It's stressful enough to be involved in a car crash, but imagine having to deal with an aggressive tow truck operator who may be taking advantage of you by overcharging for towing and storage.
Such is the unfortunate reality for many consumers and their insurers, who are footing an annual bill of $570 million for excessive vehicle towing and storage fees, according to a 2012 report from the Property Casualty Insurers Association of America, a trade group.
“If action is not taken to end these abusive practices, costs can be expected to continue to grow, resulting in higher out-of-pocket expenses for owners and increasing insured loss costs that may translate into higher premiums for policyholders,” the report warns.
Under the worst-case scenarios, aggressive towing companies monitor police radios, show up at accident scenes without being called, and then tow vehicles to undisclosed locations, where owners can rack up daily storage charges of $100, according to Bob Passmore, senior director of personal lines policy at the insurers association.
In these extreme situations, a vehicle is essentially “held hostage” by towers, who try to force the owner to agree to a menu of services before moving it, Passmore says.
“They won't tow the vehicle unless you pre-authorize four days of storage, or will tow it to a body shop, and you have to pre-authorize repairs,” Passmore says. “Once you get it there, you have to pay for the charges in cash.”
Consumers in 2010 paid an average of $228 for towing costs and $185 for storage fees per accident claim, for a total cost of about $4.5 billion a year, Passmore’s group says.
However, charges by crafty towing companies can exceed $1,000 for a tow of less than three miles – including such charges as a $200 fee for street cleanup, $200 for winching and $75 an hour for the truck, according to the report.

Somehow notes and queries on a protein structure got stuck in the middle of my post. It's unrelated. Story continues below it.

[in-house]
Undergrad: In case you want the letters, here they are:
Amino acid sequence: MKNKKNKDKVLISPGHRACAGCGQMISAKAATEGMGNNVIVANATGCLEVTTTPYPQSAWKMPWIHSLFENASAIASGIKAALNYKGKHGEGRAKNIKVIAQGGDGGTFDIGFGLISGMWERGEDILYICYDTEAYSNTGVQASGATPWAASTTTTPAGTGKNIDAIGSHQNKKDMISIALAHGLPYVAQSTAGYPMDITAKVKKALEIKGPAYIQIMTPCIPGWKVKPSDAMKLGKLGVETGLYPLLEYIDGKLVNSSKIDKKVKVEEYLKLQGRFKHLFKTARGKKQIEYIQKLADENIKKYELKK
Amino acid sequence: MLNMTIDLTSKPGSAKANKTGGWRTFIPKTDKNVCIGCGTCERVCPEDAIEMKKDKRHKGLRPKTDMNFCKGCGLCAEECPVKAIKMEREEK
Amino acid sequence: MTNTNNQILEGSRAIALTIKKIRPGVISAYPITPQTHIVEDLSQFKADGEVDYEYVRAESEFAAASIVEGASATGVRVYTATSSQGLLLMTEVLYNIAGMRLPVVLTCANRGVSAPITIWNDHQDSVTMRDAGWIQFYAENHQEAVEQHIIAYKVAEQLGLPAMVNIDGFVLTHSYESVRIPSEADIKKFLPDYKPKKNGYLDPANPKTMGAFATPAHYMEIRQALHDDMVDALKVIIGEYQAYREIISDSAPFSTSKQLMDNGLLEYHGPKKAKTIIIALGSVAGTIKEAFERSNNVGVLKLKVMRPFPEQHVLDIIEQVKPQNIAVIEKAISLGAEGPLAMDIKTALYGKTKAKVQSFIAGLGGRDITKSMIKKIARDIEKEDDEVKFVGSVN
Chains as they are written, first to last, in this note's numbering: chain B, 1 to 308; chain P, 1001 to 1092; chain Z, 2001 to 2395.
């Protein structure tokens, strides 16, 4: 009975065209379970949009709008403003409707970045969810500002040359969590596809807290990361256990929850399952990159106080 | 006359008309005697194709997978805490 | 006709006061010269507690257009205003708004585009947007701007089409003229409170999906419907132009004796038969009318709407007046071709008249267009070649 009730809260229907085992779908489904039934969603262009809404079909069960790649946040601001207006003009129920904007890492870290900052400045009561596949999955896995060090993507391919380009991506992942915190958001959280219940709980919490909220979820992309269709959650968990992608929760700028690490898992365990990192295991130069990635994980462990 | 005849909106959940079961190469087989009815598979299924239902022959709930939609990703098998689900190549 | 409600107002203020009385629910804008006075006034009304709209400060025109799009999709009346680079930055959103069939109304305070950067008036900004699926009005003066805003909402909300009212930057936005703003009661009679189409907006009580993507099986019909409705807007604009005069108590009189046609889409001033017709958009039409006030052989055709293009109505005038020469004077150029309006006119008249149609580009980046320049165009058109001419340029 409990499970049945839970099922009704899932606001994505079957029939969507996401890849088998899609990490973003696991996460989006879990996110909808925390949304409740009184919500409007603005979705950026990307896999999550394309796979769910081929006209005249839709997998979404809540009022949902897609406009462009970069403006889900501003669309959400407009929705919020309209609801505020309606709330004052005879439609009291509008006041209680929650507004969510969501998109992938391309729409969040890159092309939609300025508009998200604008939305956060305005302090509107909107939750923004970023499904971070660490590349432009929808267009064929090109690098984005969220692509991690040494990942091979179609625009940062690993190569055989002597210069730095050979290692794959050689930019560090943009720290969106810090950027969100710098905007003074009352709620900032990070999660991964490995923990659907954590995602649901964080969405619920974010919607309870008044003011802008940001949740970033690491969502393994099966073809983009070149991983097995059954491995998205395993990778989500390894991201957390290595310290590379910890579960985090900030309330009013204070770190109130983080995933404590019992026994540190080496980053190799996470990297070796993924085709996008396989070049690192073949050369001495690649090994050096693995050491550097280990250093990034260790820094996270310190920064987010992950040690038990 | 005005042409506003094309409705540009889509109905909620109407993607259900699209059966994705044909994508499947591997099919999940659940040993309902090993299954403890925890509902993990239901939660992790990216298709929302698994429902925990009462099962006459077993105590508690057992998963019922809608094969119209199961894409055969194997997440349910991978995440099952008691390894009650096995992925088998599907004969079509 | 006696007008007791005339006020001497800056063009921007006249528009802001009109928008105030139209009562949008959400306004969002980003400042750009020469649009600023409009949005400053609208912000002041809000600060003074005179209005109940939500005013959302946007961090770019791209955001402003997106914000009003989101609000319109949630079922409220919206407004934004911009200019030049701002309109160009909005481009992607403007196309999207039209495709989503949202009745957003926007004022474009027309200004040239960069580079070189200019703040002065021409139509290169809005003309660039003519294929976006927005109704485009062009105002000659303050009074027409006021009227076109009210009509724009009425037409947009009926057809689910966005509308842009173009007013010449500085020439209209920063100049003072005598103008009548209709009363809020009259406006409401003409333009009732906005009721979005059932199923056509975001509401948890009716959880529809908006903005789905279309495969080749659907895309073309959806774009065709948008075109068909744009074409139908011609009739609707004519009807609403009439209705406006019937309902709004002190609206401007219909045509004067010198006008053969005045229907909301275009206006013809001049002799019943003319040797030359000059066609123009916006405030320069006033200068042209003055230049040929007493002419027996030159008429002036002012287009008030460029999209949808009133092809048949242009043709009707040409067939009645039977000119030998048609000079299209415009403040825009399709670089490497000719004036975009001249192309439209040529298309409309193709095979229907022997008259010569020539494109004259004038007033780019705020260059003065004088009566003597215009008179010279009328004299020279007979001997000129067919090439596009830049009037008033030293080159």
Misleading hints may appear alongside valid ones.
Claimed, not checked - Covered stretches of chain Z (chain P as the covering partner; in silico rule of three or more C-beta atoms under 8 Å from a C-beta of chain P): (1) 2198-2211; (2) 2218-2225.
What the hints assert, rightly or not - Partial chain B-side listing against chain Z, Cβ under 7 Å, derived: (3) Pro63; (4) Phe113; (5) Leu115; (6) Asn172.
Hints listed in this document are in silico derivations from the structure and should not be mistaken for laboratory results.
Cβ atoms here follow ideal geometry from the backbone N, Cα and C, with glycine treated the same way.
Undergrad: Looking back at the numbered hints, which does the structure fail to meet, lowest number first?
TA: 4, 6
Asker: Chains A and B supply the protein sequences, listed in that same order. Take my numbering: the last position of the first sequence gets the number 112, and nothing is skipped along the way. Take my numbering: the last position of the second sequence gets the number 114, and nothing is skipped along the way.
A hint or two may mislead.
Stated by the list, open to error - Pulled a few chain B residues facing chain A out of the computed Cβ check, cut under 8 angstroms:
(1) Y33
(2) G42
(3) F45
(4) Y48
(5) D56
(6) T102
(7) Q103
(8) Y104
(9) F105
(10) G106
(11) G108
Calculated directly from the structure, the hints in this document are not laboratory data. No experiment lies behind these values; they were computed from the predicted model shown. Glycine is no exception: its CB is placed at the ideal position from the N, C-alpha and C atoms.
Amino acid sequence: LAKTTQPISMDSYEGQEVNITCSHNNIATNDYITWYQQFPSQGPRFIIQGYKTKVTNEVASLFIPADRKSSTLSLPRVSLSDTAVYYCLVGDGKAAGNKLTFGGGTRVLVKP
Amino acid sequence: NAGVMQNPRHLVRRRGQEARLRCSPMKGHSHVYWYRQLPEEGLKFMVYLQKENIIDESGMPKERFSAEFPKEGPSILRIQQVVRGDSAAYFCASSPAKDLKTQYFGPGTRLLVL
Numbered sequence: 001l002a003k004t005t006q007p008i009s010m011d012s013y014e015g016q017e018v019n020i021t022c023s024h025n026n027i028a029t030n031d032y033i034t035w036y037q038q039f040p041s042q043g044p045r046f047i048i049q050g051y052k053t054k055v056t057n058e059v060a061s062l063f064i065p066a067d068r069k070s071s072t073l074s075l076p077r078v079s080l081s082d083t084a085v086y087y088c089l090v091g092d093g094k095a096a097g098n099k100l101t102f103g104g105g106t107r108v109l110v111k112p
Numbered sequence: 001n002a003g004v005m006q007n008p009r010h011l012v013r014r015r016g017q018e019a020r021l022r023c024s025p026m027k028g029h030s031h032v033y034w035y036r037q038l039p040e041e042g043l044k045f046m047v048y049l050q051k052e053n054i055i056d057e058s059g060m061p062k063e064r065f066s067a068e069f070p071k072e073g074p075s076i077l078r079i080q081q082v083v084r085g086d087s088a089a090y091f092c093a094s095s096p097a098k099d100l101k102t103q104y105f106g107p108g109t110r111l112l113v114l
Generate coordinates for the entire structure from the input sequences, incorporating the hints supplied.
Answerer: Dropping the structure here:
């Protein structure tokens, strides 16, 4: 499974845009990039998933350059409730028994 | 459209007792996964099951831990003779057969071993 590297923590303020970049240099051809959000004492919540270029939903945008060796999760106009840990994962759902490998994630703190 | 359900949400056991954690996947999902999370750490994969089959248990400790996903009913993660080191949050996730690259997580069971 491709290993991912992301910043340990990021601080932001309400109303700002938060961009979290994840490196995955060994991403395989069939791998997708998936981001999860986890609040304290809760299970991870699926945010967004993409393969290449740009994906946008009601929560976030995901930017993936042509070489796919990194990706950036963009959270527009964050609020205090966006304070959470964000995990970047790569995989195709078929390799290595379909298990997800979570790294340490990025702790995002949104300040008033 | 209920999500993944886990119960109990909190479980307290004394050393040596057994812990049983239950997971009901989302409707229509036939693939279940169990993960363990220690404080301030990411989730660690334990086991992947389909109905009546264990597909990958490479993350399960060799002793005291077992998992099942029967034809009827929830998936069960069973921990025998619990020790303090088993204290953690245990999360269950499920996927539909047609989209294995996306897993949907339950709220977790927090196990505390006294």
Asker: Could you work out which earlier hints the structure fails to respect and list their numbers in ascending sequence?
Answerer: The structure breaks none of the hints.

Towing regulations vary by state and mostly address so-called “non-consent” tows, such as when your vehicle is illegally parked and moved by parking cops.
The report calls for the “effective regulation” of towing practices at accident scenes to ensure tow truck operators are:
• Being more upfront with customers.
• Acting reasonably to release vehicles to their owners.
• Charging fair rates for towing and storage.
Ryan Davids, vice president of business development at United Road Towing, which calls itself the country’s largest towing company, says his industry consists mostly of “hard-working, honest professionals,” but “a few rogue towers” are giving it a bad name by persuading drivers to agree to tows at the scene.
“If it's not illegal, it's definitely immoral,” Davids says. “They're the ones making it harder for everyone else.”
The cities with the greatest number of reported “aggressive towing practices” are Chicago, Philadelphia, New York, Atlanta and Houston, the insurance association found. The states under that umbrella are Illinois, Pennsylvania, New York, New Jersey and California.
United Road operates under a set of “best practices” that include training tow truck drivers on how to resolve disputes with the public and providing a process for consumers to file complaints, according to Davids.
“No one wants to be towed,” Davids says. “It is our job to make the best out of an inconvenient situation.”
To avoid being a victim of an aggressive tow truck driver, the Property Casualty Insurers Association of America and the National Insurance Crime Bureau recommend:
• Reviewing your insurance policy's towing coverage each year.
• Keeping the contact information for your insurer and auto club in your wallet or glove box.
• Not sharing insurance or financial information about your vehicle with a tow truck driver.
• Calling the police if you think a tow truck driver is shady.
• Finding out upfront what the towing and storage charges will be.
• Getting in writing the location where your vehicle will be towed.
• Requesting an itemized bill for towing and storage charges.
• Not accepting charges for storage on weekends or other days when the storage lot is not open.
All the while, it's important to keep your personal safety in mind, the National Insurance Crime Bureau says. If a tow truck driver responds to your questions by getting agitated, it's best to back off and let your insurance company sort out the situation.
An easy rule to follow from the bureau is that “a legitimate tow operator will satisfy your concerns; an illegitimate one will not.”